Since the last set of oral questions, we have evacuated British nationals from Sudan, and we are pushing both multilaterally and bilaterally for a lasting peace settlement. I want to reassure the House that this does not detract from our ongoing support to Ukraine in its self-defence against the brutal invasion by Russia. I delivered a major speech on how the UK will engage with China, and I visited our Pacific partners and attended meetings of NATO and G7 foreign ministers. My right hon. Friend the Minister for Africa delivered a keynote speech on our international development policy, and other Ministers in the Department have visited allies across Europe, Africa, South and North America and the middle east, including key visits to Bosnia-Herzegovina, Cameroon, Azerbaijan, Australia, Guatemala, the World Bank in Washington and The Hague.
Under the new Israeli coalition Government, which contains far-right elements, violence against Palestinians has escalated, including Israeli forces attacking Muslim worshippers at the al-Aqsa mosque and attacks against Palestinian Christians at the Church of the Holy Sepulchre. We must condemn all forms of violence, including the devastating murder of three British Jewish citizens, but does the Secretary of State agree that the cycle of violence will not end and there will be no prospect of a lasting peace if the occupying forces are busy building more illegal settlements and trying to evict and oppress an entire people?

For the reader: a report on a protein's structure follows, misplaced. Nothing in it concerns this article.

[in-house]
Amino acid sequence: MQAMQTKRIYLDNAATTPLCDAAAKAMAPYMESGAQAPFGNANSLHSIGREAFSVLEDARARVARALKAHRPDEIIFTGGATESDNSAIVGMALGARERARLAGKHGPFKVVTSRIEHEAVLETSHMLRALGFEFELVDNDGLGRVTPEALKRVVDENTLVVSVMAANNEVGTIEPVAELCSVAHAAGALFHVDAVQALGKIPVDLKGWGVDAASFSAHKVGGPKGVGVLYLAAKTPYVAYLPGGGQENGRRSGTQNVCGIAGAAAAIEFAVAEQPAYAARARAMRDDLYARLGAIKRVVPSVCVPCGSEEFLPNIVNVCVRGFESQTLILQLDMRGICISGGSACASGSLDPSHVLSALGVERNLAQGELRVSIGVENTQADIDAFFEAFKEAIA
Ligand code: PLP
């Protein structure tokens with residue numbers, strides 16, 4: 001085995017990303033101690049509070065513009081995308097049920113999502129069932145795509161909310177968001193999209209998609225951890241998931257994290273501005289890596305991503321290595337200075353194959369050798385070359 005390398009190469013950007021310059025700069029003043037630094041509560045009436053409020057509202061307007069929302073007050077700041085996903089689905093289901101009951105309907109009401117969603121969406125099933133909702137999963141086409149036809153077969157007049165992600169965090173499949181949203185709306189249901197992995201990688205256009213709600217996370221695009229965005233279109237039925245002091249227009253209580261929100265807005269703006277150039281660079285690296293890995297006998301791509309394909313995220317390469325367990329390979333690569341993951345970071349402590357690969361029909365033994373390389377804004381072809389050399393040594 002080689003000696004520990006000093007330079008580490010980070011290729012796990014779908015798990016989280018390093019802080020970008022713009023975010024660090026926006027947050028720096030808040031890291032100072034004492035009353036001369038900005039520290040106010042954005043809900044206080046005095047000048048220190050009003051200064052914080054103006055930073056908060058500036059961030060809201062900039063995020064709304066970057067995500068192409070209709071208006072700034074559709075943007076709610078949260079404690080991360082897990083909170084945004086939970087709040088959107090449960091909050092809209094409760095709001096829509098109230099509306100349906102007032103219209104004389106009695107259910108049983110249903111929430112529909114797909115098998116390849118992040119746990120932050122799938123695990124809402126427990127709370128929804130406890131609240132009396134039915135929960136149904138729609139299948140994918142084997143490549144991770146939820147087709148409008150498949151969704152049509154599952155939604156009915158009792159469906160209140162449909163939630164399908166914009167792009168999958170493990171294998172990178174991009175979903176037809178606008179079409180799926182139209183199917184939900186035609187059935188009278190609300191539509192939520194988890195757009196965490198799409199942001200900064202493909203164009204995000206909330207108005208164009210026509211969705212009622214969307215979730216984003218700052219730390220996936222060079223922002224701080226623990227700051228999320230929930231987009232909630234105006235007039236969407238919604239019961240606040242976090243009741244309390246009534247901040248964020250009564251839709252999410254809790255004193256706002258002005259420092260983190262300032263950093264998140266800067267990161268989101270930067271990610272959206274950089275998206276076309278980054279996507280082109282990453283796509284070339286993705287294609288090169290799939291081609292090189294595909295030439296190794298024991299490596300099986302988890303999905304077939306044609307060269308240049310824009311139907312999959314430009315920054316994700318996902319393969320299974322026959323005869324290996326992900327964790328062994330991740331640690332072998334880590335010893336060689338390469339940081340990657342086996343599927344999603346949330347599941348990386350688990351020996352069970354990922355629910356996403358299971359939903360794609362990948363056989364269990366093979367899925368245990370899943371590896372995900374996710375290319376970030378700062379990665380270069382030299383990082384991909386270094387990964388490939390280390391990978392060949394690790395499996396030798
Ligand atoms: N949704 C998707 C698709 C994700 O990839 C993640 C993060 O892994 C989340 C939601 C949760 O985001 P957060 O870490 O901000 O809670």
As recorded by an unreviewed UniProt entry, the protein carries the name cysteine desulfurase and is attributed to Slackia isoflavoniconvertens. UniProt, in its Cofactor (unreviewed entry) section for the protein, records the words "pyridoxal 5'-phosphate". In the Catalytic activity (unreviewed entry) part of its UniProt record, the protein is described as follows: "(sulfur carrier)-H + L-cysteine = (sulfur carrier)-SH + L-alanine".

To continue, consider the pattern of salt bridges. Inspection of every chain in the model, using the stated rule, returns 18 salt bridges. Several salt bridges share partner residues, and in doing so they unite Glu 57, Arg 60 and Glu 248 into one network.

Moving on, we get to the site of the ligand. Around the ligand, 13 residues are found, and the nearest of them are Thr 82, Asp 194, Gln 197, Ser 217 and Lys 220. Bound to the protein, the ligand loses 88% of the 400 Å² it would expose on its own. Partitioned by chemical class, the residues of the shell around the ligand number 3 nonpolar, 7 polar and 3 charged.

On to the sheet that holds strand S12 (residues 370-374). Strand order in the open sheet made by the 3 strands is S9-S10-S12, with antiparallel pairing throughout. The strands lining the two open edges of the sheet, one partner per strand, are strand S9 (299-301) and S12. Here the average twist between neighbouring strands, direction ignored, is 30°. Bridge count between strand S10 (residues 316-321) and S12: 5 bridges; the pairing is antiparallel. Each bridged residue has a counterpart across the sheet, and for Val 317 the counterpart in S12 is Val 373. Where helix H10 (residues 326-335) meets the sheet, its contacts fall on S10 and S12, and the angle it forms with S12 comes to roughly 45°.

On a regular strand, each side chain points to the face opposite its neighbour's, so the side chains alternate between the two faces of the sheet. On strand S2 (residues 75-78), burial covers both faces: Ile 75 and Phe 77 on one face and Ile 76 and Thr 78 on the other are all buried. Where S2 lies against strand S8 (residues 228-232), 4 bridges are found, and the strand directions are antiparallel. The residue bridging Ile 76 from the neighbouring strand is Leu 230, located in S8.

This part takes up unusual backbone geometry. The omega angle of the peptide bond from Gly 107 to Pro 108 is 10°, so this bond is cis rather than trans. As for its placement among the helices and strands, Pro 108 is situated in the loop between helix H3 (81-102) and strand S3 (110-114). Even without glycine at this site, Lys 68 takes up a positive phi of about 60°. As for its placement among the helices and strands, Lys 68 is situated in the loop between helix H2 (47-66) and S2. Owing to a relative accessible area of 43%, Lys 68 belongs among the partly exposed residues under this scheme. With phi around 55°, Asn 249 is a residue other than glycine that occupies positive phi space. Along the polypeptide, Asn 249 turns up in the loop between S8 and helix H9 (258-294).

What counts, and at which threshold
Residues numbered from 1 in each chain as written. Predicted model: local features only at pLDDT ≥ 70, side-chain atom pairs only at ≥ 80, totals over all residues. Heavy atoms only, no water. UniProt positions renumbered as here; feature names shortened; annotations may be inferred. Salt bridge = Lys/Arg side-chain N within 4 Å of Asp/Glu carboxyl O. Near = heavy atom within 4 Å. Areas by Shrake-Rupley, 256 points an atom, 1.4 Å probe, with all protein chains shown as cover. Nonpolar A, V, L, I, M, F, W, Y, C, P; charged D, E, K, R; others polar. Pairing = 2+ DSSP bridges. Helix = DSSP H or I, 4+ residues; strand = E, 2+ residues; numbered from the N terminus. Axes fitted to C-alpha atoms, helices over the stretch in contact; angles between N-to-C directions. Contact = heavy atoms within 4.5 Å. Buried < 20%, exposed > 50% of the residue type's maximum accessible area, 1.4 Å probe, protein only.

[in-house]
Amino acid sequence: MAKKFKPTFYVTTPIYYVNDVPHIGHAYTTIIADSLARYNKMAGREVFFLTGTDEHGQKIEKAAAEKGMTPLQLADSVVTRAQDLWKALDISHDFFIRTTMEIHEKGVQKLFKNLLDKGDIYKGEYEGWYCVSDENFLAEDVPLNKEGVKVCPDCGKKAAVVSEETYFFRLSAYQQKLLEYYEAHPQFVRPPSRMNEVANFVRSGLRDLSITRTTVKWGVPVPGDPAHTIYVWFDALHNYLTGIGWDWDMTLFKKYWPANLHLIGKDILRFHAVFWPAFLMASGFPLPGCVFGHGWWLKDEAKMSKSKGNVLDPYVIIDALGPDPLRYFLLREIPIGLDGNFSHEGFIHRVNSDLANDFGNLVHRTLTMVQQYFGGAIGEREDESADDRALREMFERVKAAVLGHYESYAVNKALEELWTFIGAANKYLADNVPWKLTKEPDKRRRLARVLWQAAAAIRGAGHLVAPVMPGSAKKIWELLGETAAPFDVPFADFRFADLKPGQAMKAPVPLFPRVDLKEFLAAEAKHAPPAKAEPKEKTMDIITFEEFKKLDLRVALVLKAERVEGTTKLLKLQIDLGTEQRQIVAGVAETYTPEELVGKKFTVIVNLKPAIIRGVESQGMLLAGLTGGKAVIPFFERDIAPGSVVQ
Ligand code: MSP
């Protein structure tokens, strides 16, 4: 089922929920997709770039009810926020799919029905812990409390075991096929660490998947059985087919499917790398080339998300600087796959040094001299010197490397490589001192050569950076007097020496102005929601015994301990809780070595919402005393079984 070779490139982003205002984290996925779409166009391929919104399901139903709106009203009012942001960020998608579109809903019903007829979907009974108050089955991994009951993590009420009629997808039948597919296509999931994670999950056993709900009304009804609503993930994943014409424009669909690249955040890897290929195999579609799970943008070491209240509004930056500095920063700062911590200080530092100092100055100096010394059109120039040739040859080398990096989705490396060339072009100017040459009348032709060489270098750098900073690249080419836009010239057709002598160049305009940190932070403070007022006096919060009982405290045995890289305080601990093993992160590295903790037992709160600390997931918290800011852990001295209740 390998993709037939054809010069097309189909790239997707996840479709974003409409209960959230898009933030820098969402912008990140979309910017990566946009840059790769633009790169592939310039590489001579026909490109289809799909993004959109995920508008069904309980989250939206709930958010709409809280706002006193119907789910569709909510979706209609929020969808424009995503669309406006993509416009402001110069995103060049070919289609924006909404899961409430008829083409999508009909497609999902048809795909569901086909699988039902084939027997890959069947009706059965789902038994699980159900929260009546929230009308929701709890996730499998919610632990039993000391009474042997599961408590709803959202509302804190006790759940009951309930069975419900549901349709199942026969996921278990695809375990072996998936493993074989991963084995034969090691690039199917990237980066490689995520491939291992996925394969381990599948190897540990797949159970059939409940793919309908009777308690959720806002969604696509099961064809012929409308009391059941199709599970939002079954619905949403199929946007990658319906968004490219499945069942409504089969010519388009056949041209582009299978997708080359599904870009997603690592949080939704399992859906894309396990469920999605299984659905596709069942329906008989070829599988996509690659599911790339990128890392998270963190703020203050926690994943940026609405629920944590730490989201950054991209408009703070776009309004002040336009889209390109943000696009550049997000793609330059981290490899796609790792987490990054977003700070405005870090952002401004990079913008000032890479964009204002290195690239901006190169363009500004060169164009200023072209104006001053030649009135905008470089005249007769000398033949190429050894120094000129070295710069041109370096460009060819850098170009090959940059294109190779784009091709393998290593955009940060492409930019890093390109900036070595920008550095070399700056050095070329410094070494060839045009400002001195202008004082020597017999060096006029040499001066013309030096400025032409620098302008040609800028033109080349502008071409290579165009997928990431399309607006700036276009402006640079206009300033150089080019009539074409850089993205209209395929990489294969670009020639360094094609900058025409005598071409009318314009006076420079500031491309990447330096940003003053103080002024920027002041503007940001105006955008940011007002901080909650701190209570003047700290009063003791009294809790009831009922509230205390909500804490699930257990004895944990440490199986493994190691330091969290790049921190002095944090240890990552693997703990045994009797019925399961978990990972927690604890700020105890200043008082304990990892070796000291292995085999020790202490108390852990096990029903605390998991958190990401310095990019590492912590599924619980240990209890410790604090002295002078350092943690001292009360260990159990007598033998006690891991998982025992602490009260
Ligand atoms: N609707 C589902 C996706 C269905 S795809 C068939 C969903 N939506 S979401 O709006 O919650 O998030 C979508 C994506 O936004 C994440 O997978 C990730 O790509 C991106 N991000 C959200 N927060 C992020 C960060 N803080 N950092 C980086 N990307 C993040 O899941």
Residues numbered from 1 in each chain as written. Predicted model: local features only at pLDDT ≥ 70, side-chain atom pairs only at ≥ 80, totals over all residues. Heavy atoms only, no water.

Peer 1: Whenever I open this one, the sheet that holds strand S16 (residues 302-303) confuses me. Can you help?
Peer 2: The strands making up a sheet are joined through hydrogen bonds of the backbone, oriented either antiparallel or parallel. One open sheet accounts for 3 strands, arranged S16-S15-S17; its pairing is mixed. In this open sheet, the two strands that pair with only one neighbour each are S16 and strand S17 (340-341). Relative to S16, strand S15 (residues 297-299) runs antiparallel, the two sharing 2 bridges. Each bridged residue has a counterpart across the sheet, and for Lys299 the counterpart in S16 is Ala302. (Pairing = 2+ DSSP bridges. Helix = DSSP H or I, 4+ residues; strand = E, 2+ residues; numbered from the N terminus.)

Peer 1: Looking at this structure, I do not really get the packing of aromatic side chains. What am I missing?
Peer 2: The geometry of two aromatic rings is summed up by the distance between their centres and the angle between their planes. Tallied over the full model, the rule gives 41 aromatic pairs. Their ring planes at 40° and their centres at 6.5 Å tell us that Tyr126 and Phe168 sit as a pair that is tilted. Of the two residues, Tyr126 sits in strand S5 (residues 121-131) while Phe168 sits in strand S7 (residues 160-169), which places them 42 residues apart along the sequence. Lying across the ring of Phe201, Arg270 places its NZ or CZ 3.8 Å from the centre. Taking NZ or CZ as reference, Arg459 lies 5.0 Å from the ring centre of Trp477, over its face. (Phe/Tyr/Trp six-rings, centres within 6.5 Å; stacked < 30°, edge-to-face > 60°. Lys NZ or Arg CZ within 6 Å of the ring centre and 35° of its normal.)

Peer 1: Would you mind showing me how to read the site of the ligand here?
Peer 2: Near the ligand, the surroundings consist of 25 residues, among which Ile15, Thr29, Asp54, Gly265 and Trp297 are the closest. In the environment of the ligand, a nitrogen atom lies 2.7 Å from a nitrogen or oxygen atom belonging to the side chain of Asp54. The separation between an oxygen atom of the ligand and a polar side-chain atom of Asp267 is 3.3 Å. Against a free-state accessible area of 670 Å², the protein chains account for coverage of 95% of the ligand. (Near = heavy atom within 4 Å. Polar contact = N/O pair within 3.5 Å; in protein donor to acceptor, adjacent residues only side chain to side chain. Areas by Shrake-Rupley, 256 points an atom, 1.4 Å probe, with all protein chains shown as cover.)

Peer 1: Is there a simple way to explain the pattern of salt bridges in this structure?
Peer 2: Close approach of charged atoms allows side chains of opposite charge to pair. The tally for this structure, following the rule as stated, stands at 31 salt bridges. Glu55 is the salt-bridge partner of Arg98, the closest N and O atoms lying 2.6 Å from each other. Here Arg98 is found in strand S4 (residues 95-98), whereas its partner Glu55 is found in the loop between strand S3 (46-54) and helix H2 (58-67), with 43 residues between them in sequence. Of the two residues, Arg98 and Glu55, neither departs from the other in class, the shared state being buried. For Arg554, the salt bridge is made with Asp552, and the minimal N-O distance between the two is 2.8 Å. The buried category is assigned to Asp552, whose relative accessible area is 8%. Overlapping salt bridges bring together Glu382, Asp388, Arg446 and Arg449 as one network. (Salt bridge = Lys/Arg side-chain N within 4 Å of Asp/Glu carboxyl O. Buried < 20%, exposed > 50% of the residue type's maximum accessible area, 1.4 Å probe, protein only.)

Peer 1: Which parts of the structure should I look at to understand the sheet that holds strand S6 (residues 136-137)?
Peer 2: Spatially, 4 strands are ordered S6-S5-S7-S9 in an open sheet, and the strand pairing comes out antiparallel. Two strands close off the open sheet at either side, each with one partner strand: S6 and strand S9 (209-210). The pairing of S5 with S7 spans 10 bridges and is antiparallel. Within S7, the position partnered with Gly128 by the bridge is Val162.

I am not sure the hon. Gentleman was in his place during my earlier response, but our position on settlement demolitions is long-standing. We believe they are illegal under international law and undermine the best possible chances of a sustainable, peaceful two-state solution.
President Zelensky has said that Tehran has provided Moscow with around 2,000 drones, which are being used to devastate Ukraine. Does my right hon. Friend share my concern about the IRGC’s complicity in international aggression, and does he agree with me and many other Members that it is now time to revisit the proscription of the IRGC?
We have sanctioned the IRGC in its entirety. We have also put in specific sanctions on the supply of those military drones to Russia, which have been utilised to attack civilian infrastructure in Ukraine. We will continue to keep our deterrent posture towards Iran under review. As my hon. Friend will know, it is not common practice to speculate on what further action we might take in response, but I take the point he is making very much on board.